Re-opened at the end of September under new management, Coliseum is the venue we once knew as Digital Brighton. A regular hang-out for clued up students, with bookings like Annie Mac, Fatboy Slim and Julio Bashmore on a regular basis, it won Best Small Club at our Best Of British awards twice. However, minds inside probably the UK's most cultured coastal city fear that, in its new incarnation, it's going down the same route as other late-night establishments along Kings Road archways.
Honey Club, once a popular spot for decent house music, has already re-opened as Shoosh, a list-and-bottle superclub where VIP tables are more coveted (priced higher?) than the DJs on the bill. Bermuda Triangle, the bar next-door to Digital, has also been taken over also by the Shoosh group, indicating on its website that it will be moving in the same 'commercial direction' as the club attached to it. Another seafront club called Life no longer exists, arguably leaving Concorde 2 and Audio as the only two remaining spots for underground dance nights on the seafront, once the automatic go-to area for a decent night out in the city. So how do locals feel about the “Shoosh effect” changing the face of Brighton's club scene?
“If you want 'Geordie Shore hosts...' then Shoosh is the club for you!” quips an ironic Darren James-Thomas of Elite Management, a booking agent in the city who looks after talent such as Mr C, Tom Flynn and Matt Walsh. “I can only imagine it being hen party central on a Saturday night. Who in their right mind in Brighton would want to go there? Sadly this is the sorry state of affairs along Brighton's once prestigious clubbing seafront!”
A town famous for its diverse and carefree nightlife, home to Fatboy Slim (as well as Skint Records and Southern Fried), Brighton's cultural cutting edge can be traced back as far as the Mod movement during the '70s, if not further. In the late '80s and early '90s, with The Zap in full force, it was one of the top clubbing destinations. Today, however, with the recent popularisation of house music and as a result more commercial forms of clubbing, it's in danger of succumbing to the same booze Britain mentality dominating other coastal towns such as Bournemouth and Blackpool.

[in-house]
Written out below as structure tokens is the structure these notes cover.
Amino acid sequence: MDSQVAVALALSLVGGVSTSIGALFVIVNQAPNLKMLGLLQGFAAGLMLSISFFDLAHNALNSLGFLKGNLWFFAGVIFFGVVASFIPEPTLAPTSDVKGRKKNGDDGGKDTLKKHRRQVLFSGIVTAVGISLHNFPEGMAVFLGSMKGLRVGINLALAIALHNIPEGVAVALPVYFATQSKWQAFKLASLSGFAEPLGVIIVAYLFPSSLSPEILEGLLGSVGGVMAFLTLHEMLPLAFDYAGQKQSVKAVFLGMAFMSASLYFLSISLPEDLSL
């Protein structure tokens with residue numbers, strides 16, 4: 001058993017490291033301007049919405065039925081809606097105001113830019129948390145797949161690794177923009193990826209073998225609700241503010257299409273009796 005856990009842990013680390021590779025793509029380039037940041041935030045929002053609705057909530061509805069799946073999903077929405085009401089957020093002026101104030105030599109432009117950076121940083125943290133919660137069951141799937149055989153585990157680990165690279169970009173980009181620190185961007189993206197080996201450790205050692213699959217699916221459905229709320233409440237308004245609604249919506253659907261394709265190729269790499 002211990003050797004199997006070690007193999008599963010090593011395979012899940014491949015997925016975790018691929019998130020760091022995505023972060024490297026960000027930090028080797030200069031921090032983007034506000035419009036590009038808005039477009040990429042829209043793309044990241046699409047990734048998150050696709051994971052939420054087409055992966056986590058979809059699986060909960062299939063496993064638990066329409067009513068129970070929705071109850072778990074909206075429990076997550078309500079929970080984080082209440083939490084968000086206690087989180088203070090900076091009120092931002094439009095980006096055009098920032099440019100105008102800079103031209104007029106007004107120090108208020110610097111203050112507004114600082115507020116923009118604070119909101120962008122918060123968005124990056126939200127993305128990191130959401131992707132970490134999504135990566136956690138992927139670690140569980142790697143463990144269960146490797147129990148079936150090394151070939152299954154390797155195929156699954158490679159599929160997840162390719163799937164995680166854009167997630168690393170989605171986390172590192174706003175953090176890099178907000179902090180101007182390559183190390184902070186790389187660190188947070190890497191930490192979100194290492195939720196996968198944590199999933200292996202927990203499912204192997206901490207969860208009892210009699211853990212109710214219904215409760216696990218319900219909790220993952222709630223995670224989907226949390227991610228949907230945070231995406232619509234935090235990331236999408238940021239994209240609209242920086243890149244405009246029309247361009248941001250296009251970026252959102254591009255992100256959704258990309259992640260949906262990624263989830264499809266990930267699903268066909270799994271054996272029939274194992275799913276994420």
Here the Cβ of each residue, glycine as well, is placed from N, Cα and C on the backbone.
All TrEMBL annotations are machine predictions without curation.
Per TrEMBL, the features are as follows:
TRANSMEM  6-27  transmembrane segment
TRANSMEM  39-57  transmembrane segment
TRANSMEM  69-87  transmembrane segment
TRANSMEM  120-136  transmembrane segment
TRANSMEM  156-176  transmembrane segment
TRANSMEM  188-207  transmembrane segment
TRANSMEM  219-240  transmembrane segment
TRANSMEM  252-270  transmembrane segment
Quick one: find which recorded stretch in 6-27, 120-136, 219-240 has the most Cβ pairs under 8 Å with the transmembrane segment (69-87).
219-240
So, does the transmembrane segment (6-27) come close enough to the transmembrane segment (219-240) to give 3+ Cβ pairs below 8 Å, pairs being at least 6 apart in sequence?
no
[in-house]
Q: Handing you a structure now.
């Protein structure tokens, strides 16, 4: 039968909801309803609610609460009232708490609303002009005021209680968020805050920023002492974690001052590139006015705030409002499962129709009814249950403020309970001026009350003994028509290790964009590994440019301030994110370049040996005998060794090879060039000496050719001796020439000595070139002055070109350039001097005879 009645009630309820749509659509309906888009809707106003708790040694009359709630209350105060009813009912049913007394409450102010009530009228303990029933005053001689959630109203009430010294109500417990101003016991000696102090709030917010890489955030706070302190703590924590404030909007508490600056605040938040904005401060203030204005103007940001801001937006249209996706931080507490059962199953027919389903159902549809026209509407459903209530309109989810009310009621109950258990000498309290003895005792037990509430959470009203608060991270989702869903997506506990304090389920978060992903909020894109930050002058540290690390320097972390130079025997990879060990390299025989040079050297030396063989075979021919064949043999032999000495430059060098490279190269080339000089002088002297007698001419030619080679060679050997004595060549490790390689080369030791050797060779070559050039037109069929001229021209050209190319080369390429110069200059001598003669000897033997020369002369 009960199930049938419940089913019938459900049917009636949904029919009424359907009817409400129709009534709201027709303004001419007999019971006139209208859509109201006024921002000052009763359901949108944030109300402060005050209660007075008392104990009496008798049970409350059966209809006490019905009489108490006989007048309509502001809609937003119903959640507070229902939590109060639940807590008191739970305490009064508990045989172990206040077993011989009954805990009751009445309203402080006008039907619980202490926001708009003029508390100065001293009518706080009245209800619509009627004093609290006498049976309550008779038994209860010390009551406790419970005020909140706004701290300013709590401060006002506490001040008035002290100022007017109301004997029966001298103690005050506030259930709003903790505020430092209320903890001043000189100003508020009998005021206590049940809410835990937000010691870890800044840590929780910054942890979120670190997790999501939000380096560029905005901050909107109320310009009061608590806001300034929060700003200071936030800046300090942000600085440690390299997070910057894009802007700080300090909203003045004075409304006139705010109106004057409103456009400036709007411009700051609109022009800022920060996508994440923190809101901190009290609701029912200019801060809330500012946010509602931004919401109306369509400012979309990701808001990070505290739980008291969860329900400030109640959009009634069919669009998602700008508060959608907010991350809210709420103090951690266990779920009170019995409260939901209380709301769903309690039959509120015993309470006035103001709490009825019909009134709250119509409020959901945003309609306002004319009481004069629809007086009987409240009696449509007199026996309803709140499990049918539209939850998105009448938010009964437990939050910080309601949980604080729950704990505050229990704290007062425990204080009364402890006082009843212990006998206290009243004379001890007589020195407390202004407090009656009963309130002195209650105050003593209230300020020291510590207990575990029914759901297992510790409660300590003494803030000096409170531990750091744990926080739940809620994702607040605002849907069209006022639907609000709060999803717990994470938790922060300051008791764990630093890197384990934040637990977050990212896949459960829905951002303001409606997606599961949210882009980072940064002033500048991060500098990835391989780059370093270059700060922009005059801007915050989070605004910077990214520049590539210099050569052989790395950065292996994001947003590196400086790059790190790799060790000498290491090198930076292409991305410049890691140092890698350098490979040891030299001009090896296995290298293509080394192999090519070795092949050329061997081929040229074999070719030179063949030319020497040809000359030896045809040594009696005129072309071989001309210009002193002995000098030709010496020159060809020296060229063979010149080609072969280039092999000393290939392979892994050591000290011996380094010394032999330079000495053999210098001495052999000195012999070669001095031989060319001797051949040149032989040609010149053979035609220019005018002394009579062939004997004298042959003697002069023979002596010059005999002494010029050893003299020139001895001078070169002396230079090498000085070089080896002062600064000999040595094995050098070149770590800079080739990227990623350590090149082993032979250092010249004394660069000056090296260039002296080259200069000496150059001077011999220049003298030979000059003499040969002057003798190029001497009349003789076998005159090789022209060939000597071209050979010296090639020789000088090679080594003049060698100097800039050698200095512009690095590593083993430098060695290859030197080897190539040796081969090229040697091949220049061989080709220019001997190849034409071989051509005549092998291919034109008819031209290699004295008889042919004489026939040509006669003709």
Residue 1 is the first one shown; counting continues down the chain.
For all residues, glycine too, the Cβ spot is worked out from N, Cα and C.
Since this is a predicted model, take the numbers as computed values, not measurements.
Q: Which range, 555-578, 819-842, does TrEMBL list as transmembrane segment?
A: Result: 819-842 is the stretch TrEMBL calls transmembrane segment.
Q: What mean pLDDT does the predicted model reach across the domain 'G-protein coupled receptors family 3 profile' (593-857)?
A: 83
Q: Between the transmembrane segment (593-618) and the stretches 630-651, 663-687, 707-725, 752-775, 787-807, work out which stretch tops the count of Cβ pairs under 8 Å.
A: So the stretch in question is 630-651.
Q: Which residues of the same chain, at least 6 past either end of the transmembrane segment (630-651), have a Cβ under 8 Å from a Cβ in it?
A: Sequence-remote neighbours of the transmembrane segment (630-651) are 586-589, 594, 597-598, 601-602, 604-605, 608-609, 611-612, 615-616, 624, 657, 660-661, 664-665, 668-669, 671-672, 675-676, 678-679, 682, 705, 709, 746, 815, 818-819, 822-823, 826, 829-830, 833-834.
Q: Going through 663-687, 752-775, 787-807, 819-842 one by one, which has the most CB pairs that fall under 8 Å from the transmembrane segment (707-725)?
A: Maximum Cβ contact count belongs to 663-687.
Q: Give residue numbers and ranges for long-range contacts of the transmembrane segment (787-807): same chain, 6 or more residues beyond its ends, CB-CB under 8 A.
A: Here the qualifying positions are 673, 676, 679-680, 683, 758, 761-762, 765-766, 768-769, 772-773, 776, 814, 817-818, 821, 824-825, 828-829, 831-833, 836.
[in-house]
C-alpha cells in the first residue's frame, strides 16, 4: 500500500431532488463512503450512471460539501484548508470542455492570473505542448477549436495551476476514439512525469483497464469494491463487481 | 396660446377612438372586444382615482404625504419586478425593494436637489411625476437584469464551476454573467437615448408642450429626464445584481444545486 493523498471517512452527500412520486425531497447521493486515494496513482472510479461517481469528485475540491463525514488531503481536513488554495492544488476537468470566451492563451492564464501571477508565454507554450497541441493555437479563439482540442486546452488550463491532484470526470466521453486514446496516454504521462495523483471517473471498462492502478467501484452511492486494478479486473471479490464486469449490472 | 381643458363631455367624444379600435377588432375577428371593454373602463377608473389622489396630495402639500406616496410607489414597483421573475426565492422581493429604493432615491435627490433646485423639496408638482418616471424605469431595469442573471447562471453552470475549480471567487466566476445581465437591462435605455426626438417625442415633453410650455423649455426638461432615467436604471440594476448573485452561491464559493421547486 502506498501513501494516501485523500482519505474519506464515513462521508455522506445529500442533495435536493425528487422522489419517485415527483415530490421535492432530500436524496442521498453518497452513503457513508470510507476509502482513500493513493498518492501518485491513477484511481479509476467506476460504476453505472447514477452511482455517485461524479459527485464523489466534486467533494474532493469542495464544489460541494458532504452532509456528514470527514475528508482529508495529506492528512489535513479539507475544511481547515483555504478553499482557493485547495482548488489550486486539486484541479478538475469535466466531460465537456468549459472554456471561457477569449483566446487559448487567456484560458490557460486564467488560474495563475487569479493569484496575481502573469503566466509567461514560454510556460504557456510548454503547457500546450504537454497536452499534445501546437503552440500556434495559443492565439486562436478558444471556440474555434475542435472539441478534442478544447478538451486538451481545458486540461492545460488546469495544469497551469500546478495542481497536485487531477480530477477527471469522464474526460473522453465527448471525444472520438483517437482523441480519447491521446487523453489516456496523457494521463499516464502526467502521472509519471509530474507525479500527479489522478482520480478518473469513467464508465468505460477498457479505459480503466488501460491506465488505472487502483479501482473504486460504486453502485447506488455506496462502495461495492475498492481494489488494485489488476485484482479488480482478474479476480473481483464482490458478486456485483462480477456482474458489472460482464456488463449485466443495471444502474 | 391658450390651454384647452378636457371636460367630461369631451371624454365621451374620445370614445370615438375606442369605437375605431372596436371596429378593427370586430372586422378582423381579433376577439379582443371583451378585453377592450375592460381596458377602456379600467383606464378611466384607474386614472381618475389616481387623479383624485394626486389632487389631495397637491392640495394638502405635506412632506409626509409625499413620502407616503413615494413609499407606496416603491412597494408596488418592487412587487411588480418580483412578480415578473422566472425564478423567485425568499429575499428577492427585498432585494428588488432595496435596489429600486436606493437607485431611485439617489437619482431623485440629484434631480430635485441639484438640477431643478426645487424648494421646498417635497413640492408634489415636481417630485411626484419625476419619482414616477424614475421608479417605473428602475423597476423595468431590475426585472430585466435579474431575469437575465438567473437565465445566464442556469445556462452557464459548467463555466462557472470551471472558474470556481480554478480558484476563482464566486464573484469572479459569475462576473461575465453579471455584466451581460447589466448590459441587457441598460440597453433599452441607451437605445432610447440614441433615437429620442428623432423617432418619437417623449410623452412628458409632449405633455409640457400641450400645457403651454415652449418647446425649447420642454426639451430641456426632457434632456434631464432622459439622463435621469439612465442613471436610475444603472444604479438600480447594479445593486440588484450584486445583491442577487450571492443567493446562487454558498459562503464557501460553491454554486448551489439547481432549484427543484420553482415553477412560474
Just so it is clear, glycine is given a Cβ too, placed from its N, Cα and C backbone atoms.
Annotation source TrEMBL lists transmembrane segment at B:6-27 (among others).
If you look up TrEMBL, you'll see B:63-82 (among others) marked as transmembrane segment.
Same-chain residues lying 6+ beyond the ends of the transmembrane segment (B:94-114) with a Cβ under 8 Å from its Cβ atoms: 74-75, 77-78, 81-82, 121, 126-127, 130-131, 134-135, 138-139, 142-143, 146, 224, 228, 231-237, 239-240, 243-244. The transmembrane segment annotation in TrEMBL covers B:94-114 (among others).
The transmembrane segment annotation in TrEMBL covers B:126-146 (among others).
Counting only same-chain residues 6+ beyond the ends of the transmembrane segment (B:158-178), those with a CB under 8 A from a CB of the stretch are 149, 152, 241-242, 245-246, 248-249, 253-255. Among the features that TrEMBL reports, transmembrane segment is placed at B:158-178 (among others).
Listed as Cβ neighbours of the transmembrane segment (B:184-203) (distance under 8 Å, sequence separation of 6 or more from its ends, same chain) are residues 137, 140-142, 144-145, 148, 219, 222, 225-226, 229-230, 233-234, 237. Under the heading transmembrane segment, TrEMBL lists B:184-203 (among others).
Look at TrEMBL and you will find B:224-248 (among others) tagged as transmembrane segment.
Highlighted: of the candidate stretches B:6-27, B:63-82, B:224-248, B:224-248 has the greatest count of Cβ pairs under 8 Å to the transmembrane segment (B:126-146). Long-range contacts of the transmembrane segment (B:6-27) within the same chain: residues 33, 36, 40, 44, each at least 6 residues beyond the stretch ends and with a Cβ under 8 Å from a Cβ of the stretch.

“We came to Brighton four years ago and experienced some really good nights and have witnessed first-hand the slow deterioration over the years,” explains Ugo Realfonzo, who co-runs Keep It Moving in the basement of Sticky Mike's Frog Bar, a night that recently booked Alex Coulton and Tom Sevinski. “AKAKROAR were a big influence to the scene attracting many underground artists and had reasonably priced tickets.”
Unfortunately, nights with booking policies as brave as Keep It Moving are fewer and farther between in Brighton these days, or at least moving away from the seafront as a result of this ongoing transformation. According to Darren, however, the onus is on Coliseum — re-fitted with a hi-tech 'ancient underground feel with a futuristic edge' — to embrace similar values to the venue it replaced. “It appears it could be going a similar way to the rest of the front, but all being well, and if they bring in the right external promoters, it could turn their shortcomings around,” he says.
Moody Disco — the same promoters who've brought the likes of Seth Troxler and Maceo Plex to Audio and The Brighton Coalition — were on board for the opening party, suggesting the club is not totally adverse to credible bookings, however early signs point towards a safer, more centralised policy hinged more on hot-at-the-moment names and conceptual gimmickry than solid subterranean talent.
Hannah Wants, Fatboy Slim and Flashmob are appearing on line-ups alongside the likes of Roger Sanchez and DJ Fresh, Pukka Up are involved, while nights like SLS claim to be about all things 'RnB, hip hop and commercial'. On top of that there's nights like #ashtag, C U Next Tuesday and Poundance offering cheap promotions during the week, and you don't need to be told what to expect at student night Shut Your Trap For EDM on Thursdays. The Shoosh approach is proving to be a box-ticking one.
“We don’t have a music policy per se, we are priding ourselves on being versatile to provide every party-goer an opportunity to have their night out in the Coliseum,” says the club's events and promotion manager, Kim Harrington. “The Brighton club-scene has been said to have been dying out but I believe it is on the up and with this exciting new venue for people to come to, providing the right atmosphere, music, service and surroundings. With ever-changing music scenes and sub-genres emerging, we feel it is important to cater for everything. From commercial to underground, Coliseum has something for everyone.”
Whether there's something for you is for you to decide, but one thing certain is that Brighton seafront is changing beyond recognition.
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